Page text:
Too many months of working too hard —
we’re quite capable of driving ourselves
to the ragged edge, didn’t need
a pandemic to help us along.
Pandemics are scary and confusing
and frustrating and exhausting;
we retreated to our own electronic
worlds, a way of enduring too much
forced togetherness. And then there’s
teaching and children’s needs and service
to the community — we both kept trying
to save the world, at least a little bit of it.
(Maybe that’s part of approaching fifty;
a clock ticking on our capacity
to make big change, a growing awareness
of the mess we’ll be leaving behind.)
Leaving too little time for our own work,
the kind that feeds us; too little time
for rest, and for just enjoying each other.
The pressure builds until we are sending
angry texts, saying things that are true, but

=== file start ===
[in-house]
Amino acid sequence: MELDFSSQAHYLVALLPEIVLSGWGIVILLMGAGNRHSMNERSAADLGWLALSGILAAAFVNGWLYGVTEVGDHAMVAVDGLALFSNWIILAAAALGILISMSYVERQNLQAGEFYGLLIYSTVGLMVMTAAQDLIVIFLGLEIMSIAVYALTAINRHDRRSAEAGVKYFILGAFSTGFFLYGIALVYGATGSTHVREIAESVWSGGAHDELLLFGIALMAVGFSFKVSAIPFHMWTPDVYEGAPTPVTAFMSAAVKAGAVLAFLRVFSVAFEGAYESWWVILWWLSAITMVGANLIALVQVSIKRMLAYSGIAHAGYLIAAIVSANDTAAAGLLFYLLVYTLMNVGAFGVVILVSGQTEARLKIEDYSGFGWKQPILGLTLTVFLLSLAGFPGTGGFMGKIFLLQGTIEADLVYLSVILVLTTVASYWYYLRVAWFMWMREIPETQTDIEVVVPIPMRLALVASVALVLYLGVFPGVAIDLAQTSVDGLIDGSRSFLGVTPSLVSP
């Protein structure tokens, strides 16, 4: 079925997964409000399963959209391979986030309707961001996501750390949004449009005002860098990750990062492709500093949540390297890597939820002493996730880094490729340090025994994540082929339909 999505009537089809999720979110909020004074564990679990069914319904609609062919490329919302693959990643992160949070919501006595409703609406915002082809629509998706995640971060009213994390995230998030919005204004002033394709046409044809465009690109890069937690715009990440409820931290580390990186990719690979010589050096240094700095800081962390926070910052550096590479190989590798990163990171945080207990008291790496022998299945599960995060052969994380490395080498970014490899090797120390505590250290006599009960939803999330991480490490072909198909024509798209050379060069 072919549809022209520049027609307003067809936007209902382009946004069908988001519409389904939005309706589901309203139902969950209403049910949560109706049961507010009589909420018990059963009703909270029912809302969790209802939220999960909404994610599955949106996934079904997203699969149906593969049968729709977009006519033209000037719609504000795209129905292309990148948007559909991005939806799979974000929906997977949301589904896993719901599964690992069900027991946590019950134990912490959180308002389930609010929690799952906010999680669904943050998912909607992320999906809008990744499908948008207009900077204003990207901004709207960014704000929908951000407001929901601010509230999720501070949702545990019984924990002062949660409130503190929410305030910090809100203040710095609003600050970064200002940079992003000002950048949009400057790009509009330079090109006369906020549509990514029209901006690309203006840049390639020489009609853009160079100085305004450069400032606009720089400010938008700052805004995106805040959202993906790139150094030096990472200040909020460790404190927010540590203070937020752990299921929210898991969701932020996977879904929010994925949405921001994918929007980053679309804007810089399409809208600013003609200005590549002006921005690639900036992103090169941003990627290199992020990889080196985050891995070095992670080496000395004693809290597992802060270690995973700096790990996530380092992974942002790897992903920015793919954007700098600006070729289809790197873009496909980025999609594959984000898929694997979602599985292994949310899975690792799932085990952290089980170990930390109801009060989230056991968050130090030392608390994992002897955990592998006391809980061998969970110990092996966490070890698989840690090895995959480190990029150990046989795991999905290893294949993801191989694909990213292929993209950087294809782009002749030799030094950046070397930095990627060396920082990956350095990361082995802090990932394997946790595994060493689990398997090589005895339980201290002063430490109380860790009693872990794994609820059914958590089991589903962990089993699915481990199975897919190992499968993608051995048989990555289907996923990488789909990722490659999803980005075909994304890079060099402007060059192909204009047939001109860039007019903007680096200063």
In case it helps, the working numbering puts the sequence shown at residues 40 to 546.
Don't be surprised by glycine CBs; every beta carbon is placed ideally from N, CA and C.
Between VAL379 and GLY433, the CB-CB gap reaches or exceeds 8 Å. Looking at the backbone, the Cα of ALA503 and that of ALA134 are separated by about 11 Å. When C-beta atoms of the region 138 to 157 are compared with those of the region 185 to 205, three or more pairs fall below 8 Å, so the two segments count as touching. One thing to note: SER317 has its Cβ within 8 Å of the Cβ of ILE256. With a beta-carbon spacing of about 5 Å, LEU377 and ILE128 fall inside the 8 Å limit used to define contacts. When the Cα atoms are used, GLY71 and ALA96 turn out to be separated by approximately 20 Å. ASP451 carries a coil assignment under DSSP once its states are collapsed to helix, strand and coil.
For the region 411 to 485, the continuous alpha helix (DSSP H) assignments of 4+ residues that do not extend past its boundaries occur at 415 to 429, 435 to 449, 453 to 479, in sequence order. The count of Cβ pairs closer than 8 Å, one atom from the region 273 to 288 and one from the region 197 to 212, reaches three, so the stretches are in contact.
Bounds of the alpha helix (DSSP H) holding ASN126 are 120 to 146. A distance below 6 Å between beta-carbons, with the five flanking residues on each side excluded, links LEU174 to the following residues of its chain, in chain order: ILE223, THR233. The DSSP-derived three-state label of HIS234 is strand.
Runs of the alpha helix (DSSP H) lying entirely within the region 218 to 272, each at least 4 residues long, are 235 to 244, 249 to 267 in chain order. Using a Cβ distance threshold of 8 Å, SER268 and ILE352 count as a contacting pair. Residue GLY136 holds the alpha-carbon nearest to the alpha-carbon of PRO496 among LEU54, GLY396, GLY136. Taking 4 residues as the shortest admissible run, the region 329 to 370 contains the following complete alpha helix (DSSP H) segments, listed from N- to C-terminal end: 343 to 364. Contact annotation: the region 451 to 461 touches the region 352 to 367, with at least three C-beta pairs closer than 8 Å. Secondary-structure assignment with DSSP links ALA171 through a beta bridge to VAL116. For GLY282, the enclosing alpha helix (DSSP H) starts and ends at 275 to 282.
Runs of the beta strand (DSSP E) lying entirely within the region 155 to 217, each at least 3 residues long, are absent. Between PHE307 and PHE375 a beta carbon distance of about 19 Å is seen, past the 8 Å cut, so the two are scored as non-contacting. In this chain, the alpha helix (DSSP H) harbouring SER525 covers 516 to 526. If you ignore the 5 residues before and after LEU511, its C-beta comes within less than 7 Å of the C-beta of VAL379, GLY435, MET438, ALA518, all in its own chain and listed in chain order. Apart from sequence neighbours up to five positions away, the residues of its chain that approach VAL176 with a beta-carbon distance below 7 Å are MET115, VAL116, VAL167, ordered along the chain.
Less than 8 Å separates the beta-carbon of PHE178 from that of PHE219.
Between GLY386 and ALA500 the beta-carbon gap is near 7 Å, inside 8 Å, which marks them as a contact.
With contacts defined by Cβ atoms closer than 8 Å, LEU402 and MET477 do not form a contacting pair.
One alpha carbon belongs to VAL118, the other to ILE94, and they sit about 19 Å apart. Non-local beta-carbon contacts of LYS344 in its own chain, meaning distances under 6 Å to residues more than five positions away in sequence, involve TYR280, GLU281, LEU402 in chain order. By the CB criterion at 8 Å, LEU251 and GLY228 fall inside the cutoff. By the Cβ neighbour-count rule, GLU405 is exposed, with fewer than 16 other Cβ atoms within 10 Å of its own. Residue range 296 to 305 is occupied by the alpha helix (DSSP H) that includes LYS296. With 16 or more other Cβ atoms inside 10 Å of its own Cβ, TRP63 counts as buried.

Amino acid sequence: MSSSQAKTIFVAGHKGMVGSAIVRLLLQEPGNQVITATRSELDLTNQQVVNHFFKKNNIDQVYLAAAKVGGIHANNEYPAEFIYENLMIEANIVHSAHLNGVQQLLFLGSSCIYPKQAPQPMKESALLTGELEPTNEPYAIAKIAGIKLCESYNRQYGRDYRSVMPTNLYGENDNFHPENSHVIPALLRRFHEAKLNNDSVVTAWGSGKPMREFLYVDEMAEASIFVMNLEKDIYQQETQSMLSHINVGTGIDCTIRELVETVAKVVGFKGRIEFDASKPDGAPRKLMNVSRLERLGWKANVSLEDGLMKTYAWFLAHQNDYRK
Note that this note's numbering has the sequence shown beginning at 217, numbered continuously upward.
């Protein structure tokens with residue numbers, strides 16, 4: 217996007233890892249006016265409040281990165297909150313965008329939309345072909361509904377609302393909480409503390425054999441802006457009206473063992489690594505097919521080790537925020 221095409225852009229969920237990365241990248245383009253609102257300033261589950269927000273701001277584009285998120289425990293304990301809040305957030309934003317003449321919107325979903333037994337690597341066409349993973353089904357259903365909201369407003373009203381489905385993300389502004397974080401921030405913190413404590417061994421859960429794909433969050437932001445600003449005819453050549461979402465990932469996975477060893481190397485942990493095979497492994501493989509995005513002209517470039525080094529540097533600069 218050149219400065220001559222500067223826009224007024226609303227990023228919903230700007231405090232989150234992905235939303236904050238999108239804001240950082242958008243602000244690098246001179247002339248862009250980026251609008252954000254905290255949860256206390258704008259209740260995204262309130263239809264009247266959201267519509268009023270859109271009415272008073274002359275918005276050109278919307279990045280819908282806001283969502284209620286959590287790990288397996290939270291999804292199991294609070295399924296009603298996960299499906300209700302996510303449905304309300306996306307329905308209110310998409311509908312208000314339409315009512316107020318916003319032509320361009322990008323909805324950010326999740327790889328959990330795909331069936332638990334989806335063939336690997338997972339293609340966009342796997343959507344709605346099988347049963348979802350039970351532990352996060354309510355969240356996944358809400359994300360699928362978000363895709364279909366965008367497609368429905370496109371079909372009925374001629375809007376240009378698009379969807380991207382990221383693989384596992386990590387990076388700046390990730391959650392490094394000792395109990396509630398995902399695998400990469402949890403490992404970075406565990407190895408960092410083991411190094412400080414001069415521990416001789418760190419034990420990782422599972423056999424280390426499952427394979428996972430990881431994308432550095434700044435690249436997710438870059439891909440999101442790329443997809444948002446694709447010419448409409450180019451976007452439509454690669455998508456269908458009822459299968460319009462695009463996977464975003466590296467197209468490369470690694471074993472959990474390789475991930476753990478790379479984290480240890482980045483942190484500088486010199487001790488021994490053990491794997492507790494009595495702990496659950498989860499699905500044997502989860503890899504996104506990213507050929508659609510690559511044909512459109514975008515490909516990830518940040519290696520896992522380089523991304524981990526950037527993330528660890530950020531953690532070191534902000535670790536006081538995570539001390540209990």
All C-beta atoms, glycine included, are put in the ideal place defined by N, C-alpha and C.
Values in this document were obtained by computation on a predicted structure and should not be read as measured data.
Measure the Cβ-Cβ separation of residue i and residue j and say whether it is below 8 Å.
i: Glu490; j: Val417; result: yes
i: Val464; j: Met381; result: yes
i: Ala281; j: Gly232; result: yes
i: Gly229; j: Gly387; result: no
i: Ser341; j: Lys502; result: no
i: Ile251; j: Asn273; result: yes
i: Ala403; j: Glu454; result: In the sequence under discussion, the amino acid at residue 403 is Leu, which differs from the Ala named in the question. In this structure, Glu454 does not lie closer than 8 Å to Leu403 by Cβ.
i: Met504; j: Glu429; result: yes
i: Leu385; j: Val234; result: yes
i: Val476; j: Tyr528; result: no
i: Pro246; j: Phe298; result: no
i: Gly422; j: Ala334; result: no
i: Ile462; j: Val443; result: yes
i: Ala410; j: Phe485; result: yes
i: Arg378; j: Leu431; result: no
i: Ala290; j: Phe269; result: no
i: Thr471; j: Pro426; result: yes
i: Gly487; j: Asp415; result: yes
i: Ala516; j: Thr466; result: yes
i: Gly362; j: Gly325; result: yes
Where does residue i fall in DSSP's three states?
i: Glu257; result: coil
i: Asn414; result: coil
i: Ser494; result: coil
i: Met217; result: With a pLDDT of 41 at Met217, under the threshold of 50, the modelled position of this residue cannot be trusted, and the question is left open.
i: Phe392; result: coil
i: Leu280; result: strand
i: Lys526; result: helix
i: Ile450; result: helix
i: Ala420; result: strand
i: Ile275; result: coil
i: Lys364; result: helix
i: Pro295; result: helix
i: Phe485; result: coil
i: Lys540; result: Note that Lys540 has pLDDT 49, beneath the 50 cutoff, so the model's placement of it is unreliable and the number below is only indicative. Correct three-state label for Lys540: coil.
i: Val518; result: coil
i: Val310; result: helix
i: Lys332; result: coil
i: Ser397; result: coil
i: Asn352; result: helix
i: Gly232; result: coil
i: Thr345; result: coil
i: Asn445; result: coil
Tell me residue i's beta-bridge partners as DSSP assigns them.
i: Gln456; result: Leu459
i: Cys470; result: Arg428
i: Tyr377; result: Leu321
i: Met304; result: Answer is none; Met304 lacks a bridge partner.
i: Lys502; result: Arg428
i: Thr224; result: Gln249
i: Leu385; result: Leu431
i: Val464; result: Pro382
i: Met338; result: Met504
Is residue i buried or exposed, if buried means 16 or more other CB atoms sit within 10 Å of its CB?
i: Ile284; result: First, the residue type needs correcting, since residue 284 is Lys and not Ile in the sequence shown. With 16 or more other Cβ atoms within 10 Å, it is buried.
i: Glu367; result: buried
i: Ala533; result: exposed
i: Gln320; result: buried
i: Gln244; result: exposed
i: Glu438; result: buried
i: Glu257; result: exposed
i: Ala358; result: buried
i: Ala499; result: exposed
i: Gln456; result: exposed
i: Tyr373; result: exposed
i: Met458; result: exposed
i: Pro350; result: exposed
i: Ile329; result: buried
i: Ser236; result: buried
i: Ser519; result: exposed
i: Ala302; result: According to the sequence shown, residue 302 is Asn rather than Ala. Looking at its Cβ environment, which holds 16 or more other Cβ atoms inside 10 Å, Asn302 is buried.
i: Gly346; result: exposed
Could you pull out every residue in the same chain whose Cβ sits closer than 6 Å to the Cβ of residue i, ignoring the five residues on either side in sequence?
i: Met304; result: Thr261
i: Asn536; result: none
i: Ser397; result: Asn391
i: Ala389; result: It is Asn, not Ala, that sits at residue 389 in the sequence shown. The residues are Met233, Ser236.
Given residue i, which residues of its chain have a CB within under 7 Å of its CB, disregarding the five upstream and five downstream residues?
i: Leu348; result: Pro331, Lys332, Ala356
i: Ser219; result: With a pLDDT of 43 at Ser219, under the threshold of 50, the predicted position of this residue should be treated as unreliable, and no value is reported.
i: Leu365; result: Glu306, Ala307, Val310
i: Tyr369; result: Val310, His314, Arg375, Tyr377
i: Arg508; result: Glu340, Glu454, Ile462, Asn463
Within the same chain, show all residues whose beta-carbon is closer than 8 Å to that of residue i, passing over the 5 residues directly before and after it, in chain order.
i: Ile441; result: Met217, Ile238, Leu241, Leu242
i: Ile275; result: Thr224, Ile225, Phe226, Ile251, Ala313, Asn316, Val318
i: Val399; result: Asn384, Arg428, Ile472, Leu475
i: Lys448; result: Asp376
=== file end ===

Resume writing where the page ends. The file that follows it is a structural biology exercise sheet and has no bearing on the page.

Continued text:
only a tiny sharp slice of a larger landscape.
Last night, after the flurry of angry texts,
I took myself to the basement for hours,
because I was just so sick of him,
of everyone in this house.
Eventually, I came back up again;
we talked it out. Twenty-eight years in,
we know better than to go to bed angry.
Neither one of us would be able to sleep.
Though this pandemic
has gone on far too long,
longer than it should have,
(but that’s another poem),
you know there’s no one on the planet
I would rather be trapped with.
Happy 50th birthday, love.
This week, I’ll take care of family dinners.
I’ll make them delicious.
I might even do the dishes.
You rest. Do some math. I’ll meet you
after the kids are down, for Star Trek.
I miss talking to you.
Let’s do more of that.
(for Kevin, with apologies, and so much love)